Jurors were shown footage of the shooting collected by police body cameras and dashcams. It shows Potter and Anthony Luckey, an officer she was teaching, pulling over Wright for having expired licence plate tags and an air freshener hanging from his rearview mirror. During the stop, Luckey uncovered a warrant for Wright’s arrest for failing to appear in court on the weapons possession charge, so he, Potter, and another officer proceeded to arrest Wright.
Wright obeyed Luckey’s request to exit his automobile, but when Luckey attempted to handcuff him, Wright pushed away and returned to his car. “I’ll tase ya,” Potter muttered as Luckey clutched Wright. The video then shows Potter aiming her rifle towards Wright while holding her gun in her right hand. “I’ll tase you,” Potter said again, and then two seconds later: “Taser, Taser, Taser.” She fired a single round into Wright’s chest one second later.
“(Expletive)! I had just shot him… “I grabbed the incorrect (expletive) gun,” Potter said. “I’m going to prison,” she remarked a minute later.
Potter told jurors in sometimes sad evidence that she was “sorry it occurred.” She said the traffic stop “just turned wild,” and she yelled her warning about the Taser after noticing Sgt. Mychal Johnson, who was leaning into the passenger-side door of Wright’s car. She also told jurors that she doesn’t recall what she said or anything that transpired following the shooting since so much of her recollection of those events “is absent.”
Potter’s attorneys contended that she erred by pulling her pistol instead of her Taser. They also stated that if she had intended to use fatal force, she would have been justified since Johnson was in danger of being dragged.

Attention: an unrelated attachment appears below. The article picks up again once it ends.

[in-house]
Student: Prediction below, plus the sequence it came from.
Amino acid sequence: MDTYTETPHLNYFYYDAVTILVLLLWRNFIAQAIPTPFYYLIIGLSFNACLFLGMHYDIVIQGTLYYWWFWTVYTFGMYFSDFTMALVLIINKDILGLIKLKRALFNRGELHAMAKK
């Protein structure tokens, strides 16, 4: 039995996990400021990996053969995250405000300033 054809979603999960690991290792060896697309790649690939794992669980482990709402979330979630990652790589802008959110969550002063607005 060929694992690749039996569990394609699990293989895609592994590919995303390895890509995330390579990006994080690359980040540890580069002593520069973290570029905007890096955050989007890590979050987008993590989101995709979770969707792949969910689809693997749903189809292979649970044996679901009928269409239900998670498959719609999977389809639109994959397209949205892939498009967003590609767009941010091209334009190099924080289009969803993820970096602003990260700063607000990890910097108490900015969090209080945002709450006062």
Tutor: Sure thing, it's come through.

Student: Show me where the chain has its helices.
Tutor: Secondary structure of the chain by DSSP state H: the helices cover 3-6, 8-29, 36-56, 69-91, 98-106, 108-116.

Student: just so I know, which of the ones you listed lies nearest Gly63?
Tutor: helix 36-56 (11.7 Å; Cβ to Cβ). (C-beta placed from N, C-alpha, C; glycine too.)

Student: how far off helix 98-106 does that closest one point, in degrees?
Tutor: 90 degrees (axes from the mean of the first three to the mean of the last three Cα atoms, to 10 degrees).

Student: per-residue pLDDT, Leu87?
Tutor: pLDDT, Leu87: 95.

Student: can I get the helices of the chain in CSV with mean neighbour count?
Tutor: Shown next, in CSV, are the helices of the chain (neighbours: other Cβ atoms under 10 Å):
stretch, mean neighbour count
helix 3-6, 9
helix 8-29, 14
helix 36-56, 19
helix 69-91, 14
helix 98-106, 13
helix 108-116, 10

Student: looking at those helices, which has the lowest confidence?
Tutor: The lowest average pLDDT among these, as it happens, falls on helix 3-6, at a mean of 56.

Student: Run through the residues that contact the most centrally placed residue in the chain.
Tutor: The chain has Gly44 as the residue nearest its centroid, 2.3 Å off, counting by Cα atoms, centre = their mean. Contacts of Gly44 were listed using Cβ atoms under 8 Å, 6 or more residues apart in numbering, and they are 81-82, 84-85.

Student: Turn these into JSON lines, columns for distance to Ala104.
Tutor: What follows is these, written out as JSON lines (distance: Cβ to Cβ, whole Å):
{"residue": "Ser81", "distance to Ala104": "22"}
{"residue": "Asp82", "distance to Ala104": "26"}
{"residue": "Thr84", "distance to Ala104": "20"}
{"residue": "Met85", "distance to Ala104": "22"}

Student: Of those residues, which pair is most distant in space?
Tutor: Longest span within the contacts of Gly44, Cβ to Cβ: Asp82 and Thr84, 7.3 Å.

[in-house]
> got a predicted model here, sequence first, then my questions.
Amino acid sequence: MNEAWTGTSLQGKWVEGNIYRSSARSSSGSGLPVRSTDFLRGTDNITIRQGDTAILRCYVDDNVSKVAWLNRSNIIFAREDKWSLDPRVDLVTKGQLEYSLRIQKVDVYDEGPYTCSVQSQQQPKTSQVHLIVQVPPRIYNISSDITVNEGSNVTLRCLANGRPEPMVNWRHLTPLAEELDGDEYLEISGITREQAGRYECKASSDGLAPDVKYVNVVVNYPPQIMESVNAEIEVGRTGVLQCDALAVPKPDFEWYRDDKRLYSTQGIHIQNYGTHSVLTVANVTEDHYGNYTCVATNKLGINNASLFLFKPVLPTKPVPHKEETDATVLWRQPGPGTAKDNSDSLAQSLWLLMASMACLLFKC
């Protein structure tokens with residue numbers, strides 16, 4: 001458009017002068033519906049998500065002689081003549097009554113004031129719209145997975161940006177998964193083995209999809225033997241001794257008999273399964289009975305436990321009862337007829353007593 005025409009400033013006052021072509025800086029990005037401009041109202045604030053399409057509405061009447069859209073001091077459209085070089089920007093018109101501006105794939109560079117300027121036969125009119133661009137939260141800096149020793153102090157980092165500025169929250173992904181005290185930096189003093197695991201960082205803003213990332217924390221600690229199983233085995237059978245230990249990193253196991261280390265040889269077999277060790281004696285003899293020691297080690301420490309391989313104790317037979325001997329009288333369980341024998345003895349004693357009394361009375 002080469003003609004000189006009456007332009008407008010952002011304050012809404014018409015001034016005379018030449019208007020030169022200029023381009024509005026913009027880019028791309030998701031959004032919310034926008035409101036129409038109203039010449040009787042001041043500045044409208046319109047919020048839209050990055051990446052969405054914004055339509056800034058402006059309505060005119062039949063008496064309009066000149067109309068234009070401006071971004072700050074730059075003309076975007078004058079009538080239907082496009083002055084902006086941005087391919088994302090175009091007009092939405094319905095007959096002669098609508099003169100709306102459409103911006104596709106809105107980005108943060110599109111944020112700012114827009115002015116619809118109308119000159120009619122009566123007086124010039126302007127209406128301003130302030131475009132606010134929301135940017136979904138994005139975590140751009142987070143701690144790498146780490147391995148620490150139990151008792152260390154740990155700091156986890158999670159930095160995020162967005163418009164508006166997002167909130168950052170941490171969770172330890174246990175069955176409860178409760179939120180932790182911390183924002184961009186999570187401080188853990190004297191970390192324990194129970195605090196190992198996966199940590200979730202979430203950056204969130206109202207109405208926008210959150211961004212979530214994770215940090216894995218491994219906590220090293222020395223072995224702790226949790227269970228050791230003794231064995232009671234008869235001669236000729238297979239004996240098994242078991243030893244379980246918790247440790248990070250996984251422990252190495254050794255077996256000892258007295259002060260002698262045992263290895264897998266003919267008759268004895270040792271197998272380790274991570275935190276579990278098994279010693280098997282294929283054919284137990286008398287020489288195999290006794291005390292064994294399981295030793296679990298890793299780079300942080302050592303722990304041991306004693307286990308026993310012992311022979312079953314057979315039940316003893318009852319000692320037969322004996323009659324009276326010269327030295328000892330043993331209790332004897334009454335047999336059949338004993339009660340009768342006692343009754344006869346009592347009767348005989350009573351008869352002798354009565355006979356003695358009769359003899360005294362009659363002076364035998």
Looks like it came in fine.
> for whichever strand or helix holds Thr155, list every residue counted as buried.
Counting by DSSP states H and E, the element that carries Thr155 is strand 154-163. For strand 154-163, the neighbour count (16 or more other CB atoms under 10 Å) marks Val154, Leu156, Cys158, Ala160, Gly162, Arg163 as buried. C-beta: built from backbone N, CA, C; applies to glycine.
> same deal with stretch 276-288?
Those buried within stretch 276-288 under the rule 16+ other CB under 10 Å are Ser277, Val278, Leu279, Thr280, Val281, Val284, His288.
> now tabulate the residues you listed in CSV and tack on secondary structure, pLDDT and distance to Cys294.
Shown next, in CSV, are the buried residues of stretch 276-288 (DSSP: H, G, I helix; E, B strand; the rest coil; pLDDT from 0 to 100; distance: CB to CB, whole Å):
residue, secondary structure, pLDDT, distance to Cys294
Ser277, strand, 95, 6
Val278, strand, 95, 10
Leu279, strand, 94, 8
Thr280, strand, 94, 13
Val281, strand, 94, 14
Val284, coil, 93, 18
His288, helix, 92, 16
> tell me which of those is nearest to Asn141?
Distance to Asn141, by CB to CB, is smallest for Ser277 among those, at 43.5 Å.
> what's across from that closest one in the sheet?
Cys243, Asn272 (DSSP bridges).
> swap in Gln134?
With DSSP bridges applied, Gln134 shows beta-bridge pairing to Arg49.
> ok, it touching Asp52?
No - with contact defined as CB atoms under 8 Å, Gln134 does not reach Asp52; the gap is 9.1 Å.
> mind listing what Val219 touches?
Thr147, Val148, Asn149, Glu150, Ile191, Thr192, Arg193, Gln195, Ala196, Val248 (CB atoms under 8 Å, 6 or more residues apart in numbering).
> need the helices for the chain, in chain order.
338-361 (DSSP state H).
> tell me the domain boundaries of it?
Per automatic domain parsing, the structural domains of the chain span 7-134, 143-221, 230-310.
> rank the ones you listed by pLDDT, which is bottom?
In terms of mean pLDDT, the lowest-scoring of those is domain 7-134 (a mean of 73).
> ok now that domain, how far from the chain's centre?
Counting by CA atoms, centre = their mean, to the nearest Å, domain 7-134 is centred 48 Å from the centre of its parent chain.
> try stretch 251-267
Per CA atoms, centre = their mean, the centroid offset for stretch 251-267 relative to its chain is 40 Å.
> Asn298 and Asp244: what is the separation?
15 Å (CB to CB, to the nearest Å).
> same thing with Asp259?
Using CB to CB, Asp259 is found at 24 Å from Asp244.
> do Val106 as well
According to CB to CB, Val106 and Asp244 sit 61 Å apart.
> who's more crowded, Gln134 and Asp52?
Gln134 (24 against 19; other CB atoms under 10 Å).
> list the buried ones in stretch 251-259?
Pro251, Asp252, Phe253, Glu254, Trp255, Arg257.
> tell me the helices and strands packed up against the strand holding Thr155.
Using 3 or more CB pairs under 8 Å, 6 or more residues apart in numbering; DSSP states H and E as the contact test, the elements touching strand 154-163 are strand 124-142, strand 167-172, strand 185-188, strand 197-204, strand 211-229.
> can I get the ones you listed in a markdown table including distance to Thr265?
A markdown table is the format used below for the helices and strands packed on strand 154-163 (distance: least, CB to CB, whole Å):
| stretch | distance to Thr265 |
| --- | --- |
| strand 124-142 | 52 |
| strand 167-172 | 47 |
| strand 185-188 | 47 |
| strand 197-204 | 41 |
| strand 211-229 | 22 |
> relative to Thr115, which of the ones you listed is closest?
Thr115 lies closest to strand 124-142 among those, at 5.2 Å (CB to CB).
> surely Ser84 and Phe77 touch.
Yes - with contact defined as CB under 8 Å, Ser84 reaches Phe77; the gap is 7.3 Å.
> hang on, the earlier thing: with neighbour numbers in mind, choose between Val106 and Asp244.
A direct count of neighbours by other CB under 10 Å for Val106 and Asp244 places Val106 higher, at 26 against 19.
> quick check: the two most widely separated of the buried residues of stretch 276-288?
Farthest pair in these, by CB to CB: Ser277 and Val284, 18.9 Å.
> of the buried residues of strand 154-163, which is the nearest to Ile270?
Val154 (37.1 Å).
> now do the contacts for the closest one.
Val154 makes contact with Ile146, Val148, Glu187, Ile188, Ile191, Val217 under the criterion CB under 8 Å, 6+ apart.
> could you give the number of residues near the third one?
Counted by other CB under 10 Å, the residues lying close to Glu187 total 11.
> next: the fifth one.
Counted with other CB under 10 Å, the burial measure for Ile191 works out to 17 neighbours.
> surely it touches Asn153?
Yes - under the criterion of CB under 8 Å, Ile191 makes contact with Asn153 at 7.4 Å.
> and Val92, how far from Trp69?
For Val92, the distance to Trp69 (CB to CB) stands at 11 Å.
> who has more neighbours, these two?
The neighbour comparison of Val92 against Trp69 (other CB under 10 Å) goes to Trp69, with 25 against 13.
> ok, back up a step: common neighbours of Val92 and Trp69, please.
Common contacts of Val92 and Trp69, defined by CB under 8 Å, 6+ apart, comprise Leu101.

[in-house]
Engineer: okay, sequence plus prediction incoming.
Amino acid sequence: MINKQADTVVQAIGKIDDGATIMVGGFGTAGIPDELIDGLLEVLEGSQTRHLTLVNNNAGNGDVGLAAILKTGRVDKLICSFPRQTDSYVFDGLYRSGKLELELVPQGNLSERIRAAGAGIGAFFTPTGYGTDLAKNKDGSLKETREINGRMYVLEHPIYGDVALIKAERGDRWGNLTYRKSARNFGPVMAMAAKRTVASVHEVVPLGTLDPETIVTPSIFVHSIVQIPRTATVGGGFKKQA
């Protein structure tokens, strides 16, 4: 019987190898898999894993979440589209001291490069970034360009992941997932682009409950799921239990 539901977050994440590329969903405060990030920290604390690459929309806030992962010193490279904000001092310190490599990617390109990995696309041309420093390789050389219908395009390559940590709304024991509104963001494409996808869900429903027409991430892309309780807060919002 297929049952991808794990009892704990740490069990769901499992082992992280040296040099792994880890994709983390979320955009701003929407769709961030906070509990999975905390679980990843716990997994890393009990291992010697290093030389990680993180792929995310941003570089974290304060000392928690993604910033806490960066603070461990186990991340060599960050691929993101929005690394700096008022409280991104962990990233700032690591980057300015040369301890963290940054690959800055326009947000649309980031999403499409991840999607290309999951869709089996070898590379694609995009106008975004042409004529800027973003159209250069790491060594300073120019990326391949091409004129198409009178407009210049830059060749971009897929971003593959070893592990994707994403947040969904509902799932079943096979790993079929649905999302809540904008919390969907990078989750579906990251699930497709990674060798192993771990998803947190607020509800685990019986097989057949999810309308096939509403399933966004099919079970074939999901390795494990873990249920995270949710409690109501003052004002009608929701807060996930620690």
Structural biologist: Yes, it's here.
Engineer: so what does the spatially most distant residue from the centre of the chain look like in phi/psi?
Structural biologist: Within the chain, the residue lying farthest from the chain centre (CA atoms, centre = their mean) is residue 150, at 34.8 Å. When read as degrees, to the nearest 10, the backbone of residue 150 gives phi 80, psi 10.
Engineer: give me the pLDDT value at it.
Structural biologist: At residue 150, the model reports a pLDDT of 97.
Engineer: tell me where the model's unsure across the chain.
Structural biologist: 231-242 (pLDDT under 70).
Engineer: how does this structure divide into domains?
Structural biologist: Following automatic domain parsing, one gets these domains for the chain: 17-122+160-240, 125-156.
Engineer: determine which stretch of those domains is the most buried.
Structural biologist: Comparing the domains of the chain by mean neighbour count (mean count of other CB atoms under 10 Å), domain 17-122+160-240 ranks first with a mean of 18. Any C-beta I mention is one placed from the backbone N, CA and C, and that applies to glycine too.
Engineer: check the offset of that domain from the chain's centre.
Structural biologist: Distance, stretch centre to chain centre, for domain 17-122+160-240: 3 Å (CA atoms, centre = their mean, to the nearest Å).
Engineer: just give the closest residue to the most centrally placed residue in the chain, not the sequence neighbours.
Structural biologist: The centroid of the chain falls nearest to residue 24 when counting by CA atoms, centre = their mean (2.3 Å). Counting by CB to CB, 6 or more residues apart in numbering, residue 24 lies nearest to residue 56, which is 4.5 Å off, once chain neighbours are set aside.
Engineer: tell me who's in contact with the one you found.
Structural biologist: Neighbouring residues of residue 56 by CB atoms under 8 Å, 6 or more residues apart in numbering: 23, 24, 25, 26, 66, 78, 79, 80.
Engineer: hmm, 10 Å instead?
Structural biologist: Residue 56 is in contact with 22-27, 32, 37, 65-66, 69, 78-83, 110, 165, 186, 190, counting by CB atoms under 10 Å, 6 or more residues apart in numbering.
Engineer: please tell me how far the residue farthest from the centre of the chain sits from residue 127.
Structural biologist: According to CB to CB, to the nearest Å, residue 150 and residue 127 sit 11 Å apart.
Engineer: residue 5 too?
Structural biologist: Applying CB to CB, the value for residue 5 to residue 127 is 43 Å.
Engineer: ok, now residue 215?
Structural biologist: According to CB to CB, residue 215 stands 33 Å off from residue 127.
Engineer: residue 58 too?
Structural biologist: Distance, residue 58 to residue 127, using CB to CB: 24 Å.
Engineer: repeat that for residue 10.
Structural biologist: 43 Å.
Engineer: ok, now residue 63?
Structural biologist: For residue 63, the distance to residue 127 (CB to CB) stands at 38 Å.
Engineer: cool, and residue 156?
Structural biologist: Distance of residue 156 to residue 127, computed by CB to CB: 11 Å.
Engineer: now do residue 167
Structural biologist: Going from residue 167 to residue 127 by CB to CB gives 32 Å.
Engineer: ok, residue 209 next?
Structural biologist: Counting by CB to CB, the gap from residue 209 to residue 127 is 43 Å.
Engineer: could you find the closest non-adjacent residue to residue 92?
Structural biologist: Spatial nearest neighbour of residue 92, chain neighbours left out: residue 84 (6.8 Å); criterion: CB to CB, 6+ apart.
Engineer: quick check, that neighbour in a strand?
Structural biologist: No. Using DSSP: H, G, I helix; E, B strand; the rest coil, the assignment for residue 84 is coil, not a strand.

Prosecutors attempted to cast doubt on Potter’s evidence that she chose to act after observing Johnson’s fearful expression. During cross-examination, Eldridge noted that Potter stated in an interview with a defence expert that she didn’t know why she drew her Taser. At her final argument, Eldridge also showed back Potter’s body-camera video, which she claimed never provided a clear glimpse of Johnson’s face during important times.
Eldridge also brushed off evidence from other officers who praised Potter as a decent person or claimed they saw nothing wrong with her behaviour, saying, “The defendant has found herself in difficulty, and her police family has her back.”
Prosecutors also convinced Potter that she had no intention of using lethal force. They said Potter, a veteran cop with significant Taser and deadly force training, behaved carelessly and compromised the badge.
Prosecutors had to establish that Potter killed Wright while committing a crime, in this case, “reckless handling or use of a handgun so as to threaten the safety of another with such force and violence that death or grave bodily damage to any person was reasonably foreseeable.”
Prosecutors had to establish that Potter caused Wright’s death “by her culpable negligence,” which meant she “created an unreasonable risk and intentionally took a chance of inflicting death or grave bodily damage” to Wright while using or owning a handgun.
If several charges involve the same offence and the same victim, offenders are punished only on the most serious conviction under Minnesota law. Prosecutors had stated that they will seek to establish aggravating elements that would warrant an upward deviation from sentence guidelines. In Potter’s case, they claimed that her actions put others in risk, including her coworkers, Wright’s passenger, and the couple whose car was hit by Wright’s after the shooting. They also claimed she misused her power as a cop.
The maximum sentence for first-degree manslaughter is 15 years in prison.